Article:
Rice cultivation has brought back the traditional cropping systems of the past. There is more food available in the house and members sell the surpluses. It has also brought employment opportunities for women especially in the tribal communities. A total of 5800 labour days have been generated through this initiative. Additionally, rice paddy straw was used in mushroom cultivation.

Mushroom cultivation

Since the paddy straw was available as an offshoot of rice cultivation, mushroom cultivation was promoted among the marginal farmers. Around 120 women were trained in mushroom cultivation and were provided with credit assistance from banks for the construction of sheds. Mushroom spawn was distributed from the regional agricultural research station. In two weeks, they were able to sell mushrooms in local markets for Rs300/kg – another successful income generation programme for women.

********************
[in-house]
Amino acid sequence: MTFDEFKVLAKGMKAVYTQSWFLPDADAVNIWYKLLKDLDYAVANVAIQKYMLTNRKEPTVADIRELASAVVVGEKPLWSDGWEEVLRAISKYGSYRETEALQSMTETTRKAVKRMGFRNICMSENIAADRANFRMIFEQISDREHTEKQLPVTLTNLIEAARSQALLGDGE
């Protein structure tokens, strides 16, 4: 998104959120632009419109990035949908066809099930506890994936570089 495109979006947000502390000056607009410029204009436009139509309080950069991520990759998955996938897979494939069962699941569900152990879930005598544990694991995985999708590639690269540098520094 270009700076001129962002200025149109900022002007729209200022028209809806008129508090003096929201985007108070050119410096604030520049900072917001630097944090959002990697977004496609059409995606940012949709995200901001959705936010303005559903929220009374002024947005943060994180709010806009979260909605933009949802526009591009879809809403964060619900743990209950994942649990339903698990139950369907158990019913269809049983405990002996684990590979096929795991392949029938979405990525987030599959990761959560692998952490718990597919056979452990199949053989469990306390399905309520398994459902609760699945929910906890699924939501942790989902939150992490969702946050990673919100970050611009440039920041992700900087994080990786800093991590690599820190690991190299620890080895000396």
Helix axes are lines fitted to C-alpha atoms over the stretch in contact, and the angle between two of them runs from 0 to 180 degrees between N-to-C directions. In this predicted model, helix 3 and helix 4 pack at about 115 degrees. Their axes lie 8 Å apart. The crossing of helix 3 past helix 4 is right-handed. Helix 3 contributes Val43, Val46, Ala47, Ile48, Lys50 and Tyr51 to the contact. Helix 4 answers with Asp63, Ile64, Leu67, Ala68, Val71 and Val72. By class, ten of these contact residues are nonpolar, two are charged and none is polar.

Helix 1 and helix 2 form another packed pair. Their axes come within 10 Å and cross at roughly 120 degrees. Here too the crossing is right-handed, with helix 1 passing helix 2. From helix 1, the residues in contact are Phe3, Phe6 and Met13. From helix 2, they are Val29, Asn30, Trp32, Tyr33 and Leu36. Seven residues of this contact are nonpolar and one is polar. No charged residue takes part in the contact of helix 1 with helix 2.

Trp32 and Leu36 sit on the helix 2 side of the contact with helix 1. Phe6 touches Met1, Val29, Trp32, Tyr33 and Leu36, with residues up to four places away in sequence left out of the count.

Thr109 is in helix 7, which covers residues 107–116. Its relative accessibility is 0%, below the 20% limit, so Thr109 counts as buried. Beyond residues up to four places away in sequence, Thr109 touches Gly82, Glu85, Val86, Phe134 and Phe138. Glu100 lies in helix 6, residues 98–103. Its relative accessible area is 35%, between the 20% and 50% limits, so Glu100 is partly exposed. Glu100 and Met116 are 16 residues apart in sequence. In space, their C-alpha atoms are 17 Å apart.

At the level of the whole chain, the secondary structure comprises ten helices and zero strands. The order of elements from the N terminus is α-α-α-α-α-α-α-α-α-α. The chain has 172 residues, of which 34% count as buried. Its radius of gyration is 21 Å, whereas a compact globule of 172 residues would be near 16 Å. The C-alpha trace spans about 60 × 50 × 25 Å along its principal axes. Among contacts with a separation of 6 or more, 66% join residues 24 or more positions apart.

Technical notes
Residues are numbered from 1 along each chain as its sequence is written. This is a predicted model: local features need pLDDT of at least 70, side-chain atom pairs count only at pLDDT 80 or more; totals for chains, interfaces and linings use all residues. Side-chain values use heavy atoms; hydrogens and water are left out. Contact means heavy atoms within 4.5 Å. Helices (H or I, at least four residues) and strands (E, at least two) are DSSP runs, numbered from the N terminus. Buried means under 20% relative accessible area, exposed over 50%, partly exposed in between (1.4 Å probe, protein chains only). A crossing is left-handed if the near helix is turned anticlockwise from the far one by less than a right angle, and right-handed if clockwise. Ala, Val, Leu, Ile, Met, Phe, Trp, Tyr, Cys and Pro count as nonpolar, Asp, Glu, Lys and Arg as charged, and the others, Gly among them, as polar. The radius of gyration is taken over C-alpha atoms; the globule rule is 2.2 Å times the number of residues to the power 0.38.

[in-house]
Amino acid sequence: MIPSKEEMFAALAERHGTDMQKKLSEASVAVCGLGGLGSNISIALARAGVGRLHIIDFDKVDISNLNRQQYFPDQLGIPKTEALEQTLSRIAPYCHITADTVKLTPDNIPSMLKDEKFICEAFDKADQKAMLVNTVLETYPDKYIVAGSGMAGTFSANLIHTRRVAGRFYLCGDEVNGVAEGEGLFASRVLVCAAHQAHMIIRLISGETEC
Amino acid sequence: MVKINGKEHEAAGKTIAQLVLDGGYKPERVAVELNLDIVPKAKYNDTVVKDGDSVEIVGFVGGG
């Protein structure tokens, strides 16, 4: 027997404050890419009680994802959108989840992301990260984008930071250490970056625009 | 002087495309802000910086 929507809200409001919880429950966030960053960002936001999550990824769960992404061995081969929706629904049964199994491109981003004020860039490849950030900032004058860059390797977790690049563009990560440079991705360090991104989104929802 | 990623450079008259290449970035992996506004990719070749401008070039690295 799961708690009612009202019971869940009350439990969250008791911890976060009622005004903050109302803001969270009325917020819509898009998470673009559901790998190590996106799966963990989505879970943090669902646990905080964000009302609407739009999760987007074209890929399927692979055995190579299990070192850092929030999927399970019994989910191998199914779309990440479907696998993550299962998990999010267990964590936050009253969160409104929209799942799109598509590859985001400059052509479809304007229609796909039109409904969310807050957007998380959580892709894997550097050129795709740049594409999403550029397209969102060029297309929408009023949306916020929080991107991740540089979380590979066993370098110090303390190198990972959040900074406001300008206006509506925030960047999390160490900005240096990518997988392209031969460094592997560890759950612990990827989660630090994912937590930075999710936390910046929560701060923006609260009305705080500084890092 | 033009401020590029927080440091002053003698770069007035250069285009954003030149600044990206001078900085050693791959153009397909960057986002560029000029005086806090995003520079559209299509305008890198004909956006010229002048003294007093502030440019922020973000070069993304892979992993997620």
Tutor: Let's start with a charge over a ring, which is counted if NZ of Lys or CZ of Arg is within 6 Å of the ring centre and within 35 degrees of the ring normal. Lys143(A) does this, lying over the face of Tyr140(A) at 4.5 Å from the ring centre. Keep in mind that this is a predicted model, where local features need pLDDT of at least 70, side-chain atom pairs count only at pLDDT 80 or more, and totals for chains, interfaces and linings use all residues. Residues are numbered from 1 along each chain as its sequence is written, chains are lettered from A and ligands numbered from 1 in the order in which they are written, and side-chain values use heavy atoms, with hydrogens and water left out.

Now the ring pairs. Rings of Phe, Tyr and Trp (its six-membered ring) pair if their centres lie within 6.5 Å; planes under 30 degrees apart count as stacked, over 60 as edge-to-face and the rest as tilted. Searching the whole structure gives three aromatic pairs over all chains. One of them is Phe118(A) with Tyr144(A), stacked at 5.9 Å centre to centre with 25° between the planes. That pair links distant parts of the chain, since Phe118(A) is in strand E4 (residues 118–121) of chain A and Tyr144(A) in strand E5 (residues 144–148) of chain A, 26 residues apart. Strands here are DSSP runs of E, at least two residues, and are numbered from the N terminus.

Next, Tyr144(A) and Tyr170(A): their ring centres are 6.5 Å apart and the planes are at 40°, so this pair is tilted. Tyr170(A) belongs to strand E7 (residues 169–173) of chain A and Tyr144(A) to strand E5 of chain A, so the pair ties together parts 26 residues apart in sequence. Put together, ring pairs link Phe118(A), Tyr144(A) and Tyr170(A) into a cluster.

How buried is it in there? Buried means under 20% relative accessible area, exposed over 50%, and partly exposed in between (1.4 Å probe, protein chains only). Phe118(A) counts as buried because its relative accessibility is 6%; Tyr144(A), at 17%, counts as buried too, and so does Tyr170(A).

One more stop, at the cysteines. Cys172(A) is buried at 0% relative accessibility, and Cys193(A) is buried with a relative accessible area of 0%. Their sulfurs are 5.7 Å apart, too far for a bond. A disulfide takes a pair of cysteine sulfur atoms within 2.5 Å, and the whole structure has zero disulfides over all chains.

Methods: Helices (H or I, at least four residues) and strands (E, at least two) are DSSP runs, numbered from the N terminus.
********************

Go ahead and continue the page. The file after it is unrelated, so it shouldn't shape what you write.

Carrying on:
The success of the programme can be attributed to certain factors like  –  empowering women by building capacities and confidence,  utilizing existing skills and providing support where necessary and integrating all the activities, wherein the wastes or output of one activity becomes the input for the other. The resource recycling has definitely reduced the costs of production and reduced dependency on the external resources.

One of the greatest impacts of this programme has been a tremendous change in the nutritional security and status of the children as well as women of these families. For the first time, there was milk available in these families and this changed the health profile of the members.  There were also other by-products such as cow dung for manure and value added products such as biogas, which have changed the way the farmers look at agriculture inputs.

Most importantly, there is an increase in the self confidence and status of women within the community. Now, local government Panchayat Raj Institution has also adopted this program, across the State.


T K Omana
Rural Agency for Social and Technological Advancement
(RASTA), Kamblakad.P.O.,Wayanad District.,
Kerala – 673122